UC Hastings Professors Robin Feldman, Elizabeth L. Hillman, and Joan C. Williams chose to explore hot-button topics in their fields long before those issues became trendy. These professors are just three of the many UC Hastings scholars who have earned stellar reputations for having their fingers on the pulse of what’s coursing through society.
Credit UC Hastings’ academic culture, which fosters thoroughly researched work, vetted by colleagues, that espouses novel legal theories. Spanning every discipline, scholarship at UC Hastings infuses public debate and often translates into policy changes adopted by legislative and regulatory bodies.
Research by Feldman, Hillman, and Williams has triggered changes in legislation and rule making across agencies as diverse as the Departments of Justice, Defense, and Labor. The professors’ scholarly work in the fields of intellectual property, military violence, and work-life balance has been published in world-class law reviews and cited in court briefs; it has also reached mainstream audiences through blog posts and op-ed pieces.
Robin Feldman: Shaping Intellectual Property Policies
In the last year, intellectual property and patent law expert Robin Feldman published no fewer than seven full-length law review articles, a book for Harvard University Press, and a book chapter for Stanford University Press, as well as commentaries for publications like the Boston Globe and SCOTUSblog.
But Feldman is more than a prolific writer. She also presented her work to government bodies such as the U.S. Patent and Trademark Office, the Federal Trade Commission, and the California Assembly Select Committee on Privacy. The Department of Justice solicited her 90-page “Intellectual Property Wrongs” article as a public comment, and the California Attorney General’s Office co-sponsored an event for start-ups with the Privacy and Technology Project, of which Feldman is co-director. In the fall, Feldman appeared at a DOJ/FTC workshop at which her empirical work on patent trolls was discussed prominently.
It’s not surprising that Feldman’s scholarship has been instrumental in policymaking. Her 2012 Stanford Technology Law Review article, “The Giants Among Us,” received considerable media attention and favorable reviews; technology historian George Dyson told the Chronicle of Higher Education that it was one of the best articles he had read all year. Since the article’s publication, the discussion of patent trolls has taken off exponentially. In June 2013, the White House released a comprehensive report on the topic, along with a series of executive orders and recommendations for Congress, which cited Feldman’s empirical studies. Her work was also cited in a speech in June by FTC Chairwoman Edith Ramirez, calling for the FTC to initiate a broad-ranging investigation into patent assertion.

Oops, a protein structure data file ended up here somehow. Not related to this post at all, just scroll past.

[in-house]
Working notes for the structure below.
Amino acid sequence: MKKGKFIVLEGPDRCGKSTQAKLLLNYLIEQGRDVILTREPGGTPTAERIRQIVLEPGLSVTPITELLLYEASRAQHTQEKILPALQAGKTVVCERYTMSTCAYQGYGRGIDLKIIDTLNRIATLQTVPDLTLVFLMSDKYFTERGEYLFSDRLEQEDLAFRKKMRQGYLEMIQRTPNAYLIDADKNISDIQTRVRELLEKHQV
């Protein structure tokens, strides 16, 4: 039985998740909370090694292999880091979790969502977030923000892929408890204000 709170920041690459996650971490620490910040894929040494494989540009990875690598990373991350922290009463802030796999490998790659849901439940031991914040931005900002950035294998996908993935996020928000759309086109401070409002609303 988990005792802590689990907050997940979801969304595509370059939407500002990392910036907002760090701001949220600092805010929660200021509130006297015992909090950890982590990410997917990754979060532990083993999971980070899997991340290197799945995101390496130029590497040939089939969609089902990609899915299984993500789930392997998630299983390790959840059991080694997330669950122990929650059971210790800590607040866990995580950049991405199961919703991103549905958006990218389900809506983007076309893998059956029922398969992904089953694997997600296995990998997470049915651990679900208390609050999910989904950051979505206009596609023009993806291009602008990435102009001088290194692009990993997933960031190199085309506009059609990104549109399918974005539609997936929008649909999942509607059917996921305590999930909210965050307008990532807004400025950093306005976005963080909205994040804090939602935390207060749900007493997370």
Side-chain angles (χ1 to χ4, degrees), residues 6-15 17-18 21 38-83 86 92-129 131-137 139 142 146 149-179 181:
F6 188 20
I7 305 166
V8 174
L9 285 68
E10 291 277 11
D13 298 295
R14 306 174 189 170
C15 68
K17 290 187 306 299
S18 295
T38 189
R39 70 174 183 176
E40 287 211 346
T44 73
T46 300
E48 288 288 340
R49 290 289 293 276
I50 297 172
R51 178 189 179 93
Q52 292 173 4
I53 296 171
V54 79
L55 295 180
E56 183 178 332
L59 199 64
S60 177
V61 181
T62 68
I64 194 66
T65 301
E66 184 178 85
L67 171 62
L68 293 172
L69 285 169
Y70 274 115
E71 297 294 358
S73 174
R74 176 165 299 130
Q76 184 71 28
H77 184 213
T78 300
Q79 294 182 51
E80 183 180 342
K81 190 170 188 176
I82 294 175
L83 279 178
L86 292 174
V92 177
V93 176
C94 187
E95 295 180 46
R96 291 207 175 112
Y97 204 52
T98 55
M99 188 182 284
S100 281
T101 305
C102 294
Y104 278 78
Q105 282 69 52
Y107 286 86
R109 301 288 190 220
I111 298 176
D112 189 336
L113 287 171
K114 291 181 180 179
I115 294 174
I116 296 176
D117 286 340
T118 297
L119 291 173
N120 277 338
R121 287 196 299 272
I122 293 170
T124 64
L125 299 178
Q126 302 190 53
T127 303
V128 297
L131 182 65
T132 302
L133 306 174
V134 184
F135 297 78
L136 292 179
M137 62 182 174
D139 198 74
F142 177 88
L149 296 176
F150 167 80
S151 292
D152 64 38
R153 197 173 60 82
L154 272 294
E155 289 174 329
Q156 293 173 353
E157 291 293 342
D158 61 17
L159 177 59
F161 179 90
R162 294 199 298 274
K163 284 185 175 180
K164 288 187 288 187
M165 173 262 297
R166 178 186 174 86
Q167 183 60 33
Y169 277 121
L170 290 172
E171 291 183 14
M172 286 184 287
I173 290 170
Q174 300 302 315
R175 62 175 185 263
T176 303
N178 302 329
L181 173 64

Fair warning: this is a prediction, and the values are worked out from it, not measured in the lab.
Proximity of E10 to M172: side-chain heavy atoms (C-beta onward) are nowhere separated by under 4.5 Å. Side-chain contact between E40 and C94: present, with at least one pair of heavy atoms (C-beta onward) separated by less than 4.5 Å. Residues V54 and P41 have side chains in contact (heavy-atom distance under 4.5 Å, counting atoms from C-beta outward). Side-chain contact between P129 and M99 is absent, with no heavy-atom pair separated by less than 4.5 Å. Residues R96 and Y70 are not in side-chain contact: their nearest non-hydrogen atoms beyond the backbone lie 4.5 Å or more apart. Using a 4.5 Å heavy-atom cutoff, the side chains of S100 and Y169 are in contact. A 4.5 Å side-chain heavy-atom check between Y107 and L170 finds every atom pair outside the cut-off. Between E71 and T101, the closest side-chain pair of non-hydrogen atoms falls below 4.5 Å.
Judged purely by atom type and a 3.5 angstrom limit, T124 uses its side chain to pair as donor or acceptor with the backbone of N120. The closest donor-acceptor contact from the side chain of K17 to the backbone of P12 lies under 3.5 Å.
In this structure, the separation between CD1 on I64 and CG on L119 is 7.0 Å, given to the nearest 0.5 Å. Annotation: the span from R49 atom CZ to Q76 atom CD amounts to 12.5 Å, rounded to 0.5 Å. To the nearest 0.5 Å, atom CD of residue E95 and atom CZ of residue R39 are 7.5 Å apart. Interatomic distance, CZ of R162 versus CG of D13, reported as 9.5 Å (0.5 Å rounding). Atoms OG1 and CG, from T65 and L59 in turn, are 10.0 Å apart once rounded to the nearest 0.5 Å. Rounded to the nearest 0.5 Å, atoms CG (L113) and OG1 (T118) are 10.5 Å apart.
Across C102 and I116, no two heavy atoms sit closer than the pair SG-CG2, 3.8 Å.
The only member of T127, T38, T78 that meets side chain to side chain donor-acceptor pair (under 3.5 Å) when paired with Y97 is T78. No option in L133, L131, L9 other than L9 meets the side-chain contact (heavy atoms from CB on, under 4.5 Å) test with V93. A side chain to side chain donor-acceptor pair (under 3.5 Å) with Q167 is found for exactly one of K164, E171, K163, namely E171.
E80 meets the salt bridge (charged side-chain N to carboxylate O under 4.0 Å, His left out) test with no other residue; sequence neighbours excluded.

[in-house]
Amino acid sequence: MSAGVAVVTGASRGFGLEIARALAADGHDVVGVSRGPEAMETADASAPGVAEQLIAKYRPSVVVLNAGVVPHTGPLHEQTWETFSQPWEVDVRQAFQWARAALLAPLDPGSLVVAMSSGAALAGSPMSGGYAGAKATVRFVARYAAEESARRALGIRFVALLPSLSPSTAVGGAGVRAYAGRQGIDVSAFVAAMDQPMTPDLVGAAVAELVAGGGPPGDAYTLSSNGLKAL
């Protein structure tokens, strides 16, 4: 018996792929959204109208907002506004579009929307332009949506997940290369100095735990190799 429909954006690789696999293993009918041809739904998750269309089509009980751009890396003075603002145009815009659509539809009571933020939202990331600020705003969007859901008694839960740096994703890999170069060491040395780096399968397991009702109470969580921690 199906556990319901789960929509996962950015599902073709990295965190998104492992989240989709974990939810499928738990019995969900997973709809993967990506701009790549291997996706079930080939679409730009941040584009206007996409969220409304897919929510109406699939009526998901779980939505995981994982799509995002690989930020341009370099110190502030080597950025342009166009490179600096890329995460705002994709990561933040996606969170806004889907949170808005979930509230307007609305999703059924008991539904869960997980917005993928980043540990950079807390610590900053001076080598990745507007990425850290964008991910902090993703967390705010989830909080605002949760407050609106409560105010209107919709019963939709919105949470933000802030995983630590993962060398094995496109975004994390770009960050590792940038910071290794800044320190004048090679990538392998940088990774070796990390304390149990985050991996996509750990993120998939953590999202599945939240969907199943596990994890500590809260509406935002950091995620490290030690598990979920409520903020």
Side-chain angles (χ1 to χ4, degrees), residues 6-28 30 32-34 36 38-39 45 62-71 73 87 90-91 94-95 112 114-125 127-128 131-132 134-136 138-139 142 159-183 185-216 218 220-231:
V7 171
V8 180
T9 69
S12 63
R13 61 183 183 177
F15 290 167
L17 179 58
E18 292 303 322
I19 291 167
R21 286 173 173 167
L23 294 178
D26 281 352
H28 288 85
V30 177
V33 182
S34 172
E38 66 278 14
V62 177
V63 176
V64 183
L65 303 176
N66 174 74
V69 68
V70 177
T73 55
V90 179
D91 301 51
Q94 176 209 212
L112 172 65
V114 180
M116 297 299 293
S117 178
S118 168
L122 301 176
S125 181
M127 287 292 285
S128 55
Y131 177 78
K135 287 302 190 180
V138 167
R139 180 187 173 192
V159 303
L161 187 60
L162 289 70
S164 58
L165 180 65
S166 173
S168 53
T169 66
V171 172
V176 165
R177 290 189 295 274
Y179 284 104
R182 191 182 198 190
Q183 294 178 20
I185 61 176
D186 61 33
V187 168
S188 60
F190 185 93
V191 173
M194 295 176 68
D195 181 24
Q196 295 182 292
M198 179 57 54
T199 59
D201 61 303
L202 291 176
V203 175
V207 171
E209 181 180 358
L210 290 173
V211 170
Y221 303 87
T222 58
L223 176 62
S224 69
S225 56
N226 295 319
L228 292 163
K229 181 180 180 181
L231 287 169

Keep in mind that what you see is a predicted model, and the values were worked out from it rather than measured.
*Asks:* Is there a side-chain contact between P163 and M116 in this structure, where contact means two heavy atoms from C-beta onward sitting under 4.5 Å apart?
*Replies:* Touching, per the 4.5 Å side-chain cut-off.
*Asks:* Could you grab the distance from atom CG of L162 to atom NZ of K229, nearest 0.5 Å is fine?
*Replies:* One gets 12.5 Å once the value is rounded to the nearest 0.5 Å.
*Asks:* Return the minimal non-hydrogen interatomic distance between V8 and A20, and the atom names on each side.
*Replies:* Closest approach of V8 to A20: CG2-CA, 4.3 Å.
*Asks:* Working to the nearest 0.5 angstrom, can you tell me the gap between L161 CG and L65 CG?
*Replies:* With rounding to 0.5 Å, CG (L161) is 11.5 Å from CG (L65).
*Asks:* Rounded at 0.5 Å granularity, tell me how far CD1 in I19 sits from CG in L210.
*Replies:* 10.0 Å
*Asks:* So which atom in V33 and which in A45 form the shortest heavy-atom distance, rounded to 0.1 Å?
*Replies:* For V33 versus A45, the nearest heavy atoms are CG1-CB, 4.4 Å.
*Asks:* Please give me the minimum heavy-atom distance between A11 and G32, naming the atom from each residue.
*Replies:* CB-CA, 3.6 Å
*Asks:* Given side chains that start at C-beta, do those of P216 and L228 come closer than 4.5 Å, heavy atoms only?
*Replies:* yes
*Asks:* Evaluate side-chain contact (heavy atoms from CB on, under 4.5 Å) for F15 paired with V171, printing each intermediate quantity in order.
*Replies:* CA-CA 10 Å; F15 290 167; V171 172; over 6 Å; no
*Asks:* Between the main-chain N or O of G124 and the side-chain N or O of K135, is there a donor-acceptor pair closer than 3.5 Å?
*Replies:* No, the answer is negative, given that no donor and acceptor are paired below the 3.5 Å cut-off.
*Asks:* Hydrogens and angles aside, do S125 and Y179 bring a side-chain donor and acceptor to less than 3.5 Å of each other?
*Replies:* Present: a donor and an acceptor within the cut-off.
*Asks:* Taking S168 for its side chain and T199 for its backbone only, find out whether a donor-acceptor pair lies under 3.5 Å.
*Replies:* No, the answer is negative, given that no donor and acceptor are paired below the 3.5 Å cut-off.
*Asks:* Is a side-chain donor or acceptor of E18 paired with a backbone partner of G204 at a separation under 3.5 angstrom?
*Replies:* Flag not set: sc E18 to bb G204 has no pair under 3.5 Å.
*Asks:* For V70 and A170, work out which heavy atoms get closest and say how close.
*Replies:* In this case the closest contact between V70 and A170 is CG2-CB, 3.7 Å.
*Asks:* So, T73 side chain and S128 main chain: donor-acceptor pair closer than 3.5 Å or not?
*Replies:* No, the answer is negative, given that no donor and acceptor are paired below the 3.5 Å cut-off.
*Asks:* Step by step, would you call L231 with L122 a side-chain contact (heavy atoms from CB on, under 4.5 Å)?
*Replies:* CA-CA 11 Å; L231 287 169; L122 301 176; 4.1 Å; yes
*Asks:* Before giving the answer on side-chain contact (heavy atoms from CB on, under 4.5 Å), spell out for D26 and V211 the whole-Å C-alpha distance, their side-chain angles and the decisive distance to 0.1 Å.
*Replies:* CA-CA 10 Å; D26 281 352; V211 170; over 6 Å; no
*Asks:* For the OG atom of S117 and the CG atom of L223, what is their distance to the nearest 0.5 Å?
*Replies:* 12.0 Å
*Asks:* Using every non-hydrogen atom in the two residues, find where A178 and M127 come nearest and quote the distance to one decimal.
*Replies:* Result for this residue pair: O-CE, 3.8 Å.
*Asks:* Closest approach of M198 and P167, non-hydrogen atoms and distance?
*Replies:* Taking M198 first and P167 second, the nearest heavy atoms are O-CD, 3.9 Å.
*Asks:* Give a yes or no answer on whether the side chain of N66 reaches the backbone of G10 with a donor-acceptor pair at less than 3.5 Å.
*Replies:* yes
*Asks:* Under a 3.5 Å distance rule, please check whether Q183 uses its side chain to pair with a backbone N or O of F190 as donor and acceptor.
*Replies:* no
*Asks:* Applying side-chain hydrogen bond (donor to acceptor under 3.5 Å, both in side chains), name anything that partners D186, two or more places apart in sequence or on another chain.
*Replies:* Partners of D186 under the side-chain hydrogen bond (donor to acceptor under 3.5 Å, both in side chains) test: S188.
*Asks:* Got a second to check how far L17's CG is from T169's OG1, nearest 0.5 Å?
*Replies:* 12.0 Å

Similarly, Feldman’s article in Duke Law & Technology Review, “The America Invents Act 500: Effects of Patent Monetization Entities on U.S. Litigation,” was one of the most downloaded articles on the Social Science Research Network and was covered by dozens of news outlets.
“Academics are in an unusual position,” Feldman says. “We have the time to step back and look broadly at our own fields, as opposed to practicing lawyers or regulators, who may be driven by the insistent demands of what comes before them.” To determine topics for study, Feldman asks, “Where are the problems coming from? What are the solutions? What information is needed to make intelligent choices?”
In fact, these are the goals that animate the Institute for Innovation Law, which was founded this spring by Feldman and includes 10 faculty members. The institute focuses on “data-driven law making” and “implementable solutions,” she says.
She’s now studying patent troll data beyond lawsuits. “I’ve always felt that patent lawsuits are the tip of the iceberg. I am looking at the shape and quality of the rest of the iceberg.”
Read more from UC Hastings magazine here.